Zero Waste Kathmandu
Zero Waste Ventures in Kathmandu
Recently, a lot of ventures are popping up around Nepal advocating for sustainable living and a zero-waste lifestyle. Walking around Kathmandu, you can find zero-waste restaurants, sustainable clothing stores, upcycling cafés, and institutions that feature upcycled and recycled products. Three such institutions are featured in this post.
Doko Recyclers, Tatwa
Tatwa is an upcycling initiative started by Doko Recyclers. Many items cannot be recycled in Nepal today, especially glass products. Nepal does not currently have a glass recycling plant, so alternative solutions need to be implemented to recycle or reuse disposed glass. Tatwa takes old glass bottles and creatively redesigns them into artisanal cups, glasses, lamps, and other aesthetically pleasing household items. Since the only other option for all imported glass bottles is to be dumped into landfills, Tatwa is a step towards reducing the amount of glass ending up in our landfills.
To find out more, visit https://www.instagram.com/tatwa_upcycle/
Revolution Project is a startup project promoting Corporate Social Responsibility to corporations across Kathmandu by introducing sustainable practices to their premises. Currently, Revolution Project is working on its sustainability initiative Humanity Sessions, where they visit schools across the valley to introduce a long term sustainability lessons to students. Some topics they are focusing on are recycling, tree plantation, plant-based diets, amongst other sustainable initiatives. Humanity Sessions aims to instill a culture of sustainable living among students so that these habits become second nature to them in the future.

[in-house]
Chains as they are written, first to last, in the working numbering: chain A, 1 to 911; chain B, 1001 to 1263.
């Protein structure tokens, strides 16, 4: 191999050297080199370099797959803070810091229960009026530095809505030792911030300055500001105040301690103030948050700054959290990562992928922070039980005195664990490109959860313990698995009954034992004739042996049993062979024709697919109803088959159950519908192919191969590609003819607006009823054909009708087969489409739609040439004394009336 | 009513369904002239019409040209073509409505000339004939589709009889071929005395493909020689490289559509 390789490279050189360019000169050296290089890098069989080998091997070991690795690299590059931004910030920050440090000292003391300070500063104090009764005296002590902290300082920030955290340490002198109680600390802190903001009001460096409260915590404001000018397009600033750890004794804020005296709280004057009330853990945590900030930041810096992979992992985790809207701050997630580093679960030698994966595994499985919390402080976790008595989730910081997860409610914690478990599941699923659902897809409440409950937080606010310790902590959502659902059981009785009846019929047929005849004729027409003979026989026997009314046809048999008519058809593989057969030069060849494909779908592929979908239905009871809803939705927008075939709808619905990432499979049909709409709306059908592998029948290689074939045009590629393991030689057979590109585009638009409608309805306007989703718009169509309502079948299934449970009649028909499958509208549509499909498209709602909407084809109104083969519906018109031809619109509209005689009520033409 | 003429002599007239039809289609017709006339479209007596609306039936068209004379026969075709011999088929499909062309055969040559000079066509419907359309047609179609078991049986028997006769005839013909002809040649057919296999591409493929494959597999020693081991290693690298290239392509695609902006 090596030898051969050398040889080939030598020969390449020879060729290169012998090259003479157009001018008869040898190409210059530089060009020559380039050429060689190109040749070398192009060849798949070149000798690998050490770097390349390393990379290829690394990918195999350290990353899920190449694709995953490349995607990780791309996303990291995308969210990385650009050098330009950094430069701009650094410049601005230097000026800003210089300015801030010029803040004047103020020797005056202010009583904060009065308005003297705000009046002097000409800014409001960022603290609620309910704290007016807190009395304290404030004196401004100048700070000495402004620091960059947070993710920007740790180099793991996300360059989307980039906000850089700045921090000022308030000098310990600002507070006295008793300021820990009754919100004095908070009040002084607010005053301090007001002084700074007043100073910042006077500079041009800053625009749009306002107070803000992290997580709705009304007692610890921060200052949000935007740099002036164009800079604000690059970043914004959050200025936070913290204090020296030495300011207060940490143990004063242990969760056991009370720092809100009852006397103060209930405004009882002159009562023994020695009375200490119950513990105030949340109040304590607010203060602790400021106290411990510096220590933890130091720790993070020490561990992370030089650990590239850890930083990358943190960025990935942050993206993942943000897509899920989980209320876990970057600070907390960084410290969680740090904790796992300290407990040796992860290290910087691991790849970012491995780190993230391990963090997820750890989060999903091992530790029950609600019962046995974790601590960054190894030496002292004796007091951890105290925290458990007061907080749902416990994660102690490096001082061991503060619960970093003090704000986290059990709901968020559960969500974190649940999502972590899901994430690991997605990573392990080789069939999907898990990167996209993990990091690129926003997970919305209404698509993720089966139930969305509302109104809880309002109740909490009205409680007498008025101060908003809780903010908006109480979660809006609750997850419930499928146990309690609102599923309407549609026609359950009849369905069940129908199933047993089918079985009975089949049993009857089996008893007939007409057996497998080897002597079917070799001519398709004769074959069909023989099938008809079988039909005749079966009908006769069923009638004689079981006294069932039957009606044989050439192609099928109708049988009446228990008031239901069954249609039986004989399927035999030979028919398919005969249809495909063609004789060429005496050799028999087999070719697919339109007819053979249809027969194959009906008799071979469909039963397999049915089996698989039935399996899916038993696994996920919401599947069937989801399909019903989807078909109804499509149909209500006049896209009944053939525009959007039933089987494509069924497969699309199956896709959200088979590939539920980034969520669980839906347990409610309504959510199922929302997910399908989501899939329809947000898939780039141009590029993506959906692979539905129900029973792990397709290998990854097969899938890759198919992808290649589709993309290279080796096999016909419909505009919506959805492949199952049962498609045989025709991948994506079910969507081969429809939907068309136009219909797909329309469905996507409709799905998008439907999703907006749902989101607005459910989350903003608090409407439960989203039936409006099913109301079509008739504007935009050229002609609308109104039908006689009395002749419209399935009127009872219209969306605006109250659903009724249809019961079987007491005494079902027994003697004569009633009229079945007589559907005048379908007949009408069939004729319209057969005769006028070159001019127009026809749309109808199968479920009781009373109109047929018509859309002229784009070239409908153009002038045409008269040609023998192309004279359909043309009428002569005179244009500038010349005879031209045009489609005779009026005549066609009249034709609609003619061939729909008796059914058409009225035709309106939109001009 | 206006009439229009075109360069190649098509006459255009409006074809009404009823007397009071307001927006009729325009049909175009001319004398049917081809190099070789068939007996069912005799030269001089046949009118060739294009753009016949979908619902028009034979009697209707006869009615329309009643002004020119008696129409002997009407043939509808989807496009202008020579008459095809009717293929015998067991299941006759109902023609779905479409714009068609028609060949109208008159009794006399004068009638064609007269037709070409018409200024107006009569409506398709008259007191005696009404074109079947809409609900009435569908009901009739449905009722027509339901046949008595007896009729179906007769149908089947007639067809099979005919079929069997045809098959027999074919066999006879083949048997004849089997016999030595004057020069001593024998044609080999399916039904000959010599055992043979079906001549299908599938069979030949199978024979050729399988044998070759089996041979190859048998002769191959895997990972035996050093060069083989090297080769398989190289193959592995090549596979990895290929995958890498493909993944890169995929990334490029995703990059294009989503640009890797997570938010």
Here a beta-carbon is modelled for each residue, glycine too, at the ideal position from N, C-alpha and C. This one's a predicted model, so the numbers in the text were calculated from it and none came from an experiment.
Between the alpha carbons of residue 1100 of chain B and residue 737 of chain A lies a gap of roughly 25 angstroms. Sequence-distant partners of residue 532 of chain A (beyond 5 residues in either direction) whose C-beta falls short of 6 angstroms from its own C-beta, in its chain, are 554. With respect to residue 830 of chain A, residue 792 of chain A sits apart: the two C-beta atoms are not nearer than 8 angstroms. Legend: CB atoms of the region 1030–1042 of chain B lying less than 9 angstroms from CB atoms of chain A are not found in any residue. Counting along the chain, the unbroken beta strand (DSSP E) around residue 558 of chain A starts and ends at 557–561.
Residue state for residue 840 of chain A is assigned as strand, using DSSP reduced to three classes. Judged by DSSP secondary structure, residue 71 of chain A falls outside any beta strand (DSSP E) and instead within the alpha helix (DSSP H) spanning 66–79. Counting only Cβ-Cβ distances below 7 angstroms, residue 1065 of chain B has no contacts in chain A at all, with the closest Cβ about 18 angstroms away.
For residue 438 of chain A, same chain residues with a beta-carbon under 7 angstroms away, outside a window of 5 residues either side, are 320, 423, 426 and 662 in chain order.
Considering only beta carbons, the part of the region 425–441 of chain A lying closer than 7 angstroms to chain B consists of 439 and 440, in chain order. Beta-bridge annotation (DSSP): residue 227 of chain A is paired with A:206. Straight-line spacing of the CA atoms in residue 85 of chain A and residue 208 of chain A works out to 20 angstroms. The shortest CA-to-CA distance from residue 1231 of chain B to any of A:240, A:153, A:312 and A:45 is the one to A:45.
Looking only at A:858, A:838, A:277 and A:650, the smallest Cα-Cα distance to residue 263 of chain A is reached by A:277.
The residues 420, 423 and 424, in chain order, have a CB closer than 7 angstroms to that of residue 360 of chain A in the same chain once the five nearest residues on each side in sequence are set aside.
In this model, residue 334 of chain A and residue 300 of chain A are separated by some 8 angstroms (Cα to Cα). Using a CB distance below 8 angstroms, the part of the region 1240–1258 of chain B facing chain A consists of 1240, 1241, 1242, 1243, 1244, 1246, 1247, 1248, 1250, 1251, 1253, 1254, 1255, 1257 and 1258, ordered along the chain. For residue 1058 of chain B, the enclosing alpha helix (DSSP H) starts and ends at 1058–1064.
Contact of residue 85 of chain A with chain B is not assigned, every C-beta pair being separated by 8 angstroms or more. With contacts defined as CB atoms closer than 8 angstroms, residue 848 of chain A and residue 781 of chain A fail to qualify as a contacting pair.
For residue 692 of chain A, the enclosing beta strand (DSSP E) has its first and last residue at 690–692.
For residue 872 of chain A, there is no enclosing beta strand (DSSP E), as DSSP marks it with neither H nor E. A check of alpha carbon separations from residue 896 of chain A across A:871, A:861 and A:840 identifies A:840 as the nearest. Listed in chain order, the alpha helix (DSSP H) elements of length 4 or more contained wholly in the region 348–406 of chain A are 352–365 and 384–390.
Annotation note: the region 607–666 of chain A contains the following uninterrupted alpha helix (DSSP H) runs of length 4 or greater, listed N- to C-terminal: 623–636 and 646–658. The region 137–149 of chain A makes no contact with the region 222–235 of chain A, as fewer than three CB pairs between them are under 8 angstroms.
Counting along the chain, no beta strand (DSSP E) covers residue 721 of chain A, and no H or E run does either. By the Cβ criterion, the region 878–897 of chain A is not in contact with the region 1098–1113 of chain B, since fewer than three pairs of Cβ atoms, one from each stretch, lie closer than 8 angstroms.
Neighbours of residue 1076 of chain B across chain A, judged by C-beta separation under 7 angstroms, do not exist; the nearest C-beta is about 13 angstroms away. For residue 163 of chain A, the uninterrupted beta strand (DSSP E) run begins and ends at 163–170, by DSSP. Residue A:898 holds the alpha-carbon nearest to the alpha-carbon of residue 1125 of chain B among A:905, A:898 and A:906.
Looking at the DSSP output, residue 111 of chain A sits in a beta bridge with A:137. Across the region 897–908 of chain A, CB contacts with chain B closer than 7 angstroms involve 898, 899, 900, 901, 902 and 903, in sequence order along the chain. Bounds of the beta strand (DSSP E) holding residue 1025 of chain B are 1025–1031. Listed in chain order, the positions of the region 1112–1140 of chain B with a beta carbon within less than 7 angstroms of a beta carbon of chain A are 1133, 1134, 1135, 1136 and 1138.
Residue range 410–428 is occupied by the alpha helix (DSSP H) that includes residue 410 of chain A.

To find out more, visit http://www.revolutionproject.com.np/
Hatti Hatti Nepal
Hatti Hatti is an NGO that creates clothes and clothing accessories mostly by recycling old saris. Hatti Hatti’s vision is to provide equal opportunity to everyone regardless of their ethnicity, gender, sexuality, age, or social/economic situation. They work with women in marginalized communities across Nepal, teaching them how to become entrepreneurs. One of the courses taught by Hatti Hatti is advanced tailoring. All of their products have an individual number on them, which identifies the tailor who made that product. Once you purchase your zero-waste product from them, you can go to their website and read about the tailor who made it for you.
To find out more, visit https://www.hattihatti.org/
Pranav Rajouria, Communications and Partnerships Coordinator